We knew Chefchaouen was more than just blue-washed buildings and pretty mosaics. Berber founded, it began its history as an outpost to fight the Portuguese from before becoming a sanctuary for Ghomara tribes, Moriscos and Jews fleeing persecution from the Spanish Reconquista. So, naturally, a visit to its 15th-century copper-coloured kasbah had to make it to our list of things to do in Chefchaouen. Home to Andalusian-style gardens, a former prison (talk about a contrast), an art gallery and, of course, a scenic spire to ogle from, the fortress felt like the perfect antidote to the town’s sea of blue. The fact all descriptions were in Spanish, French and Arabic didn’t matter either. Upon hearing us try and put our GCSE French to the test, a Frenglish-speaking Moroccan holidaymaker offered to translate for us. Leading us from room to room, you could feel the passion practically pouring out of him. And it was the same for every Moroccan I’d come across during my visit. They wore their heritage like a badge of honour and seemed genuinely surprised and thankful by the number of tourists eager to listen to their stories, acknowledge their customs and look past their bad rap (particularly among female tourists).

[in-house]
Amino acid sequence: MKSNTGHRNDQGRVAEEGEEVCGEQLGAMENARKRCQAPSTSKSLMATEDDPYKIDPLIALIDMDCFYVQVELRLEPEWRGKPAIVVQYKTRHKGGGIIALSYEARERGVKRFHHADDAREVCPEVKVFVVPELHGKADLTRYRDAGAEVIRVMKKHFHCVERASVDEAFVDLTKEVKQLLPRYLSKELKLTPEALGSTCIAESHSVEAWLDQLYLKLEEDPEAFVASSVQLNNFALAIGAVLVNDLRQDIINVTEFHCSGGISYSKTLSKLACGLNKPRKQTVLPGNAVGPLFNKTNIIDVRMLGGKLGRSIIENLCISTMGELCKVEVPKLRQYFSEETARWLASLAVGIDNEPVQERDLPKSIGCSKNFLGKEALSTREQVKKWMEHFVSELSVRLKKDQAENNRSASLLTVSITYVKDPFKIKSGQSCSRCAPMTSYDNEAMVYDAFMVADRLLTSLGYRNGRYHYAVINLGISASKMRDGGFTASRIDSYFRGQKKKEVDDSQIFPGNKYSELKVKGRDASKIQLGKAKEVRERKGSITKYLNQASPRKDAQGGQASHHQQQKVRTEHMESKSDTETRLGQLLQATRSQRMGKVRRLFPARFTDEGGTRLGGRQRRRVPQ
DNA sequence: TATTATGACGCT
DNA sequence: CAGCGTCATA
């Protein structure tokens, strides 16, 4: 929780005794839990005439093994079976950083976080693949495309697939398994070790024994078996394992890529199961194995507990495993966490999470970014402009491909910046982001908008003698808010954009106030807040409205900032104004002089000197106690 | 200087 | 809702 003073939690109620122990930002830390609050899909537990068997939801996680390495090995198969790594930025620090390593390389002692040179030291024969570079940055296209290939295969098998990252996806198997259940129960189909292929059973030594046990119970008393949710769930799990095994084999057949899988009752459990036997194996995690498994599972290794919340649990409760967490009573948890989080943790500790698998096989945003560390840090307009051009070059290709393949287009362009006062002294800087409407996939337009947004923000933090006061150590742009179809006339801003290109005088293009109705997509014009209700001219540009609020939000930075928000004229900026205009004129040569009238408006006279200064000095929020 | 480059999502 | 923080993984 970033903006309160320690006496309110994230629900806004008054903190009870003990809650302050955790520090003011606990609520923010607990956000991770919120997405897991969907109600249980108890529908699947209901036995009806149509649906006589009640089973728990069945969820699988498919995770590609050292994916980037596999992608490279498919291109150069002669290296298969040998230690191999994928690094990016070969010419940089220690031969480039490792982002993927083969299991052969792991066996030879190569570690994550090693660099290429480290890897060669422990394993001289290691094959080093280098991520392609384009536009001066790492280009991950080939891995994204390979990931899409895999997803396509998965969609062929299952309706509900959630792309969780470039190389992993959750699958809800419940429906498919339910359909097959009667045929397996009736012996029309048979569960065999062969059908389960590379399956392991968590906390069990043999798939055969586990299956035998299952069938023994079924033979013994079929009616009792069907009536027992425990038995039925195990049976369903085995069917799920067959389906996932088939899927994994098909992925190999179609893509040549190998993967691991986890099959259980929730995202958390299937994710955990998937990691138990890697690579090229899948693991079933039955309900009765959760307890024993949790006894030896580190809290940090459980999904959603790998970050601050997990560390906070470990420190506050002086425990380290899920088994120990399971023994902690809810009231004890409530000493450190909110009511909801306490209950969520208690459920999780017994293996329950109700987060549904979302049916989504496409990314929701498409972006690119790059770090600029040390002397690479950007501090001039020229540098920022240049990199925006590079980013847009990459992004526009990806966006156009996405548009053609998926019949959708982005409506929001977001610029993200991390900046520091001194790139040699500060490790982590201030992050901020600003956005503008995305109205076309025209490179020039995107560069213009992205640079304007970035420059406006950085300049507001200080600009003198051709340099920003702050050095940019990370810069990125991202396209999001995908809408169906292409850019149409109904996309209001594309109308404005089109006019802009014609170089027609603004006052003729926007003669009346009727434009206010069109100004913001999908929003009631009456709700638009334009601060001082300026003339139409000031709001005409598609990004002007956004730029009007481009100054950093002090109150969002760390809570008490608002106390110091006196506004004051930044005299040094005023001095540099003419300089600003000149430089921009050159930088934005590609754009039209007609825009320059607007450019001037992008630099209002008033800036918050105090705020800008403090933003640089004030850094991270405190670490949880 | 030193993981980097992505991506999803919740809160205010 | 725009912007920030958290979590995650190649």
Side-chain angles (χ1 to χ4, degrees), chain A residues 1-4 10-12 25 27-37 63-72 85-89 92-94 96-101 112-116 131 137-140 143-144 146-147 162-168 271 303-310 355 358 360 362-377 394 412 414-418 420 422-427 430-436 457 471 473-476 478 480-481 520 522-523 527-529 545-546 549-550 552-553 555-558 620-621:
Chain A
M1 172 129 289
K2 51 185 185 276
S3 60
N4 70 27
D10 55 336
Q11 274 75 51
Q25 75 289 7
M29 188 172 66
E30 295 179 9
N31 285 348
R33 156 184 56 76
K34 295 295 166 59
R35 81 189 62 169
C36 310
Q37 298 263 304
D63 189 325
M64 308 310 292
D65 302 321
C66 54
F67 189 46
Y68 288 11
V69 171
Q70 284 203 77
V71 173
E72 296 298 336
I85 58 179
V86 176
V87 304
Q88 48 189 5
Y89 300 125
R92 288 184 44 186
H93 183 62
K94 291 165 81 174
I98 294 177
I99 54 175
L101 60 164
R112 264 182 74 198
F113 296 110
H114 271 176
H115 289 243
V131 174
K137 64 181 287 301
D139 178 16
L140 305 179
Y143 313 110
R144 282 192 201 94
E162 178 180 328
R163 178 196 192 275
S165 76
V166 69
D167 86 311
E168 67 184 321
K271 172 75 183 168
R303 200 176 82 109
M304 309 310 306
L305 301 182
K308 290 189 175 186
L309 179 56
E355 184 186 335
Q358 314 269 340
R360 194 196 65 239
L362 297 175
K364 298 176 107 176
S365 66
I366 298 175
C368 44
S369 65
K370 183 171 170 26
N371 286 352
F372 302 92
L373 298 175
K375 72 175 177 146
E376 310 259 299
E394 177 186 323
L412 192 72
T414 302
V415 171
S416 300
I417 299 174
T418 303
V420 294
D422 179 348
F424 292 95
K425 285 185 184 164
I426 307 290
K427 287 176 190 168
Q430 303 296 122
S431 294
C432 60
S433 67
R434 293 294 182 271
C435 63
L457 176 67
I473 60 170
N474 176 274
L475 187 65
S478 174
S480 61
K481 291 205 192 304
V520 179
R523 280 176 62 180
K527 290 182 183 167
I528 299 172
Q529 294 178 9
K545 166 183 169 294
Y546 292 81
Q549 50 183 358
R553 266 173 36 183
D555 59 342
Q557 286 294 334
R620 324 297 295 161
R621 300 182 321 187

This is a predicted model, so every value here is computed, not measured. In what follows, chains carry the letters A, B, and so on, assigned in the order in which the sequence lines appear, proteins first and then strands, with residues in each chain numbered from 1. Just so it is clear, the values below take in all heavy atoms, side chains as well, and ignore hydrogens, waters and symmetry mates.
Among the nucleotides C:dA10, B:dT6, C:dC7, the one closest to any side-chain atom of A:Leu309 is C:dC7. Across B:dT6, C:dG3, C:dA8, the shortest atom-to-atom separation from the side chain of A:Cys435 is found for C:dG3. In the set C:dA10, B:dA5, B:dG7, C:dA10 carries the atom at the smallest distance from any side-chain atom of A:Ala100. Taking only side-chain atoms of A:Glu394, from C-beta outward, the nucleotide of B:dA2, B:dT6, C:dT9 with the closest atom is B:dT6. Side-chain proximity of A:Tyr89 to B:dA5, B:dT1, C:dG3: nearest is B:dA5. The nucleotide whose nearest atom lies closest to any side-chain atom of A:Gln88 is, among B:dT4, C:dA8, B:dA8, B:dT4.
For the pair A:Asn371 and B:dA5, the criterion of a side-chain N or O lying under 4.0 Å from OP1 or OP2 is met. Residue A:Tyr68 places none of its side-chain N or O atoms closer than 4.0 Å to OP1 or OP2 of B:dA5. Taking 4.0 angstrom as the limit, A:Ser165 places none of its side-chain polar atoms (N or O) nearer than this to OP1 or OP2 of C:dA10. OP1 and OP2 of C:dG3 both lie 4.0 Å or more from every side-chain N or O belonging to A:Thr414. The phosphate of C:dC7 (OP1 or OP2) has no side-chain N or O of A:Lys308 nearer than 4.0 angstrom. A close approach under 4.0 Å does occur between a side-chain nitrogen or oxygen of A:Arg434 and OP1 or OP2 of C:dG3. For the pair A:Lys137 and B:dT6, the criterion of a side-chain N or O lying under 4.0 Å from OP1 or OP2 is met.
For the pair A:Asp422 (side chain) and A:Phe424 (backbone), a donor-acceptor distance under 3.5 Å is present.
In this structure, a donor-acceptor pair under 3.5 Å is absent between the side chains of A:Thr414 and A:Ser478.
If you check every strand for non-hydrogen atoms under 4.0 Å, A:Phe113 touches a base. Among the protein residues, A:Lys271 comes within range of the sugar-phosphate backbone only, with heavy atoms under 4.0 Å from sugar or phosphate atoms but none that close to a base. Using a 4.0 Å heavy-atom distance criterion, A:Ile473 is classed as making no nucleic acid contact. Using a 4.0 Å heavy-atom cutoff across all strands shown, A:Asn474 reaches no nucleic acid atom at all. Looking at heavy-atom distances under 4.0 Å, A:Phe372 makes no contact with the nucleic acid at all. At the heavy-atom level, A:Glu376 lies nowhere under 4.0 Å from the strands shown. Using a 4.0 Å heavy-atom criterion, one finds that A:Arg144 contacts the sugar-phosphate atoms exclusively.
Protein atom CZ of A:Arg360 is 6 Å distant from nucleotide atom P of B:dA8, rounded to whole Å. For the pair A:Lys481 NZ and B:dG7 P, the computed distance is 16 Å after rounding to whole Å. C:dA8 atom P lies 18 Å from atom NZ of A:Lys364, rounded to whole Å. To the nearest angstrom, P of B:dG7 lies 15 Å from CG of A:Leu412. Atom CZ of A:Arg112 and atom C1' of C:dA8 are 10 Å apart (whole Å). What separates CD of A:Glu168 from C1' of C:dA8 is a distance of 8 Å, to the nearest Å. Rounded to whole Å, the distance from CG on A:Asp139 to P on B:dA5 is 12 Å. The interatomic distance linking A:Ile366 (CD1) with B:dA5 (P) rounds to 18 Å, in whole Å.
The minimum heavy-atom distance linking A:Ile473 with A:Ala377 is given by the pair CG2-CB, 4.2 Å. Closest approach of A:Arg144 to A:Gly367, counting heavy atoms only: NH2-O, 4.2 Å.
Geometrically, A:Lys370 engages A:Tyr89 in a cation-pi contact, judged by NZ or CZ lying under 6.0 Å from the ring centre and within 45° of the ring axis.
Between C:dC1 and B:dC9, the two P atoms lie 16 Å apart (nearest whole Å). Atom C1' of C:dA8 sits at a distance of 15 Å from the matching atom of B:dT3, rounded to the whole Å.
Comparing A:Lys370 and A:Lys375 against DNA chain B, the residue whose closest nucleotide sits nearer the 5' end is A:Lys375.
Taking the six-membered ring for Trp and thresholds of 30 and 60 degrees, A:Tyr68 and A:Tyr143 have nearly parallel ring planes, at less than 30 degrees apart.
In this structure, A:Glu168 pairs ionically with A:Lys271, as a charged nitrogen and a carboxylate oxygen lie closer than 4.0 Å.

A holiday to Chefchaouen felt like an opportunity to get a slice of the Kardashian treatment. But, somehow, I couldn’t imagine them haggling with exuberant shopkeepers, hiking along rocky trails or trying every type of tagine imaginable. Maybe the best way to see Chefchaouen is quite simply, simply.